Summertime ‘blues’: North Fork Outdoors

A female blue crab tagged with a DEC tag. (Credit: Chris Paparo)

As we enter August, the summertime blues will slowly creep-up as the realization that we are halfway through our summer vacations begins to sink in. I however, welcome a different type of summertime blues. They have created many fond memories over the years and are the foundation of many of my summer cookouts.

My favorite is the blue crab. Another is the bluefish

This former can be found throughout the small back bays, creeks, and harbors of the Peconics and the Sound. Their olive-colored carapace (topside) allows them to go unnoticed while they lurk along the seafloor searching for their next meal. Although they are scavengers, their sharp, powerful claws can crush through the shells of armored prey such as clams, mussels, oysters, snails and even other blue crabs. Additionally, their paddle-like rear legs enable them to chase down fast moving prey, such as fish, with ease.

Blue crabs are sexually dimorphic, meaning they possess external characteristics that enable the sexes to be easily distinguished from one another. Male blue crabs are often referred to as Jimmies, while immature females are called Sallies and mature females are known as Sooks.

The most notable way to tell the difference between a Jimmy, a Sally and a Sook is to look at the abdomen of the crab. The underside of a male has a pattern that looks like a rocket. Female crabs, depending on their maturity, will have one of two patterns. A triangle will be found on Sallies, while Sooks have a dome shape that will also be much darker in color than the surrounding abdomen.

Blue crab mating takes place from late spring through early autumn. It begins with a male searching for a suitable mate in the form of a Sally. Upon finding one, he will cradle her underneath his shell with his walking legs. He will carry her for several days until she is ready to molt (shed) her shell. This molt is known as a terminal molt and it is at this point when she will develop the dome shape on her abdomen. Mating will commence immediately after molting and the male will then continue to hold her until her shell hardens. This is the only time in that female’s life that she will mate. The male on the other hand, will mate with several additional females over the next couple of months. Although she will only mate once, this one event has given her the potential to produce several broods, each containing between 700,000 to 6 million eggs.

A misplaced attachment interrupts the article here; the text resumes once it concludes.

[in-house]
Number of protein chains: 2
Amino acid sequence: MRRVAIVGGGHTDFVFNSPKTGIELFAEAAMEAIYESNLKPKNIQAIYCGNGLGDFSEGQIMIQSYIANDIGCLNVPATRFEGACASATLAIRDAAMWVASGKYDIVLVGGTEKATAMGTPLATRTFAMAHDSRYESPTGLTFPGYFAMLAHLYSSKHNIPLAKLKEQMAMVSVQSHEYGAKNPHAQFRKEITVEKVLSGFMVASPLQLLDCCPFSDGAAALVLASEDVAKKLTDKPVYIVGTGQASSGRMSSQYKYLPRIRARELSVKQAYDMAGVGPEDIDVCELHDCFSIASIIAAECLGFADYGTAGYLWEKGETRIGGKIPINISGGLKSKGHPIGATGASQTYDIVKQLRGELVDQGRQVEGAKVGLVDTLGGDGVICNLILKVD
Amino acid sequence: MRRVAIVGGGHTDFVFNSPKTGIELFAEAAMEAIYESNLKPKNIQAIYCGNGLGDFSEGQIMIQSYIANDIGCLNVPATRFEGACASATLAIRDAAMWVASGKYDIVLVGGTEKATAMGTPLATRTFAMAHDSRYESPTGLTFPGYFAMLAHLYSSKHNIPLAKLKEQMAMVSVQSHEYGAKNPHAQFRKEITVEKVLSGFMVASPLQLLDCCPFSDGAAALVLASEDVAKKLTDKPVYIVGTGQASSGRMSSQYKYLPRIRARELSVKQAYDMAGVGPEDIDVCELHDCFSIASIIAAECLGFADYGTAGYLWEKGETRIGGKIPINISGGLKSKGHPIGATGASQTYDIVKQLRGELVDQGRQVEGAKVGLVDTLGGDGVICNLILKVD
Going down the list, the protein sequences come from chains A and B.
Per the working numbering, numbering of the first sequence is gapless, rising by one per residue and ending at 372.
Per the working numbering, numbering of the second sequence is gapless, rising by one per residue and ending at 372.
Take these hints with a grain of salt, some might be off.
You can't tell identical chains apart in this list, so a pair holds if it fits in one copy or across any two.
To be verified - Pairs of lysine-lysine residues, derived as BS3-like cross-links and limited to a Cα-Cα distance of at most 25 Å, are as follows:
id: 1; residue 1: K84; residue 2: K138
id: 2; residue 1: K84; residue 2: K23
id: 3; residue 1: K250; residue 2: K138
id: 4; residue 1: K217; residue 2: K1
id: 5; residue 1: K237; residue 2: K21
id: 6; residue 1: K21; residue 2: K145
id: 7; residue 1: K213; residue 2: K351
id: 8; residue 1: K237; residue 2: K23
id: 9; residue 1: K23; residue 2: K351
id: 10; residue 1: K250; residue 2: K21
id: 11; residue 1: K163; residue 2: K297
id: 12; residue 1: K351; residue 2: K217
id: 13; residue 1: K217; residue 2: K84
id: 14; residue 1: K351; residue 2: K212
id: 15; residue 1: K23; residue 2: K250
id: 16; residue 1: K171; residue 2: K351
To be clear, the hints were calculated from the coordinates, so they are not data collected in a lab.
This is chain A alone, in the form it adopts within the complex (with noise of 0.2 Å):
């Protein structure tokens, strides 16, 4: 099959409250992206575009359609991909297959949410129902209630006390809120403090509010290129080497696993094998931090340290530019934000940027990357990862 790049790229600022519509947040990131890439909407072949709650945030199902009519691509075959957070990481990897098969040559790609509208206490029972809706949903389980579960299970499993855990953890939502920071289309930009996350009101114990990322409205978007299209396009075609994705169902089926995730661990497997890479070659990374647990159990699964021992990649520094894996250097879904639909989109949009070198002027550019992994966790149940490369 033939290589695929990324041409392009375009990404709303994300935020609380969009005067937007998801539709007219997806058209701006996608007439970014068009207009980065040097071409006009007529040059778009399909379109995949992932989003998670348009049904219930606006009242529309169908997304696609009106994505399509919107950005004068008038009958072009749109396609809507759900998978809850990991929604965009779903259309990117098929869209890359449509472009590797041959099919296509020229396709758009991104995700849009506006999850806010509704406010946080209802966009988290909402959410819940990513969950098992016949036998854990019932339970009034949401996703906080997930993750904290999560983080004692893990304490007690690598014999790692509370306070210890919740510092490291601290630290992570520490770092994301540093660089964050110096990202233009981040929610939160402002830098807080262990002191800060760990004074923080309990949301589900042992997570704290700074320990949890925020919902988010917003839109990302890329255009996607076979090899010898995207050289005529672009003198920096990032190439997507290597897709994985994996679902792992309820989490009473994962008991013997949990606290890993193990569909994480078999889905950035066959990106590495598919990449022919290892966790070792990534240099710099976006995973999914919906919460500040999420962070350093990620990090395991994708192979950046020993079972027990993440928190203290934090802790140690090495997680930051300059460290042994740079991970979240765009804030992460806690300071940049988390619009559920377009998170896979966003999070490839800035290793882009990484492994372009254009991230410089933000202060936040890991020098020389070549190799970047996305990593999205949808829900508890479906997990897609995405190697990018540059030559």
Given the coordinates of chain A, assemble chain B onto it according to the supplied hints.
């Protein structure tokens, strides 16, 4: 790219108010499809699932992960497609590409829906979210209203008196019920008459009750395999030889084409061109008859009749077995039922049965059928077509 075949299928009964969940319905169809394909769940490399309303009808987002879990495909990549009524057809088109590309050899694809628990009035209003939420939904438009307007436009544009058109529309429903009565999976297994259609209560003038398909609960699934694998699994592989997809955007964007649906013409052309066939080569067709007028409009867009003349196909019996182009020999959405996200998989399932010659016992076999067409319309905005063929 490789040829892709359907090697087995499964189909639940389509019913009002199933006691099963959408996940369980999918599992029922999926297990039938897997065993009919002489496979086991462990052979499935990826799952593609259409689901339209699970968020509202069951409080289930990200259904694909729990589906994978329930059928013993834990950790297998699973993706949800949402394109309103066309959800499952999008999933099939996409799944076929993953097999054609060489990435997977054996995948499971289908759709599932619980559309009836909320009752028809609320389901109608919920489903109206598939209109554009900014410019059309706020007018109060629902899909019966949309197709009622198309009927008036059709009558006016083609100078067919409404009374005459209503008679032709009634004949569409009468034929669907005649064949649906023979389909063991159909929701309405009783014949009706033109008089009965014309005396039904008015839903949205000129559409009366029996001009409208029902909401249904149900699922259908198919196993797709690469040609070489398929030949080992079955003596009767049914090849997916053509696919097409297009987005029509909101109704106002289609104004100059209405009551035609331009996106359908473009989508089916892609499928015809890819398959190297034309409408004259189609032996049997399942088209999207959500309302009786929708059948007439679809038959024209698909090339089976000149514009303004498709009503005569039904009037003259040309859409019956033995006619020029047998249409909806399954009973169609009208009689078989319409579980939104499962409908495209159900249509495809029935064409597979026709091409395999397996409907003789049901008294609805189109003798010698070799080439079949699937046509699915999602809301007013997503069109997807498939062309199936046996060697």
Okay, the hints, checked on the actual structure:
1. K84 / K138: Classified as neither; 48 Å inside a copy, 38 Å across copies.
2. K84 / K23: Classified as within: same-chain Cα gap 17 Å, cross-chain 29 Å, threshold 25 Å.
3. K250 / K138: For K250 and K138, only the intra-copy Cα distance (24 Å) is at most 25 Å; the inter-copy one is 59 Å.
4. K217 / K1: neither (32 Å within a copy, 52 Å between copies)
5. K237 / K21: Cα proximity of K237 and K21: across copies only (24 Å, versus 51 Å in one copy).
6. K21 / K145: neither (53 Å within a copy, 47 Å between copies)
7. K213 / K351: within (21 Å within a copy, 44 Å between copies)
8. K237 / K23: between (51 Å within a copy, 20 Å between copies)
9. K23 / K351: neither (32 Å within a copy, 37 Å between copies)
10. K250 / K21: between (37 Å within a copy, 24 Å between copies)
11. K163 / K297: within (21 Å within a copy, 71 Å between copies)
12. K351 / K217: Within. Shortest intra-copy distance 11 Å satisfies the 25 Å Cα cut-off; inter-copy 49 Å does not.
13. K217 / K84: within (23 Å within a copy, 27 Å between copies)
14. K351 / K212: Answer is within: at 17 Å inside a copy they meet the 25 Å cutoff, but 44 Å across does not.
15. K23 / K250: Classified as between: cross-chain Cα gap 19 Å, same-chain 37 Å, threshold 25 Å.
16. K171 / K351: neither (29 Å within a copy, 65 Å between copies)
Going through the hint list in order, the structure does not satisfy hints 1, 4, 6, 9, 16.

Biologist from the New York State Department of Environmental Conservation (DEC) have started to investigate the migration patterns, habitat preferences, and life history traits of blue crab by tagging mature females. Being that a mature female will no longer molt her shell, they will not shed an attached tag. Part of their research area has been on the North Fork. If you should capture one of these tagged crabs, it is important to record the 5-digit tag number found on the left side of the tag, the specific location of where you captured the tagged crab, and the date of when you captured the tagged crab.

Then there is the bluefish. They go by many names, especially when distinguishing them according to size and ferocity. The largest, which can be up to 30 pounds, are often referred to as gator blues. Their extremely sharp teeth and powerful jaws make them very deserving of this title as they can easily tear through the flesh of fish that are much larger than them.

Smaller bluefish in the eight to 10-pound range are called choppers as they will relentlessly “chop” their way through any fish that gets in front of their mouth. At around two to four pounds they are known as cocktail blues. However, do not be misled by the name. They are far from being laidback, as if they were relaxing and sipping on a refreshing drink. They behave as if they had one too many “cocktails” and will attack schools of baitfish in chaotic blitzes that make the water appear as if it is boiling.

The smallest (up to 12 inches) class of bluefish are known as snapper blues or simply snappers. These are young of the year bluefish that hatched earlier this spring/summer and will bite through a baitfish faster than you can snap your fingers. These tiny marauders prowl the back bays feeding just as voraciously as their adult counterparts, which causes them to grow quite rapidly.

Although each class of bluefish can be found on the North Fork, it is the snappers that attract the most attention during the month of August. Easily caught from shore, these feisty fish are a great way to introduce children to fishing. There is no need for fancy fishing equipment. In fact, my first snapper rod was a bamboo pole with a piece of monofilament, a hook and a bobber.

These two “summertime blues” go hand in hand. While soaking crab traps or hand lines baited with fish heads or chicken necks, break out a hook and bobber or your favorite metal lure and see if you can catch some blues before summer’s end.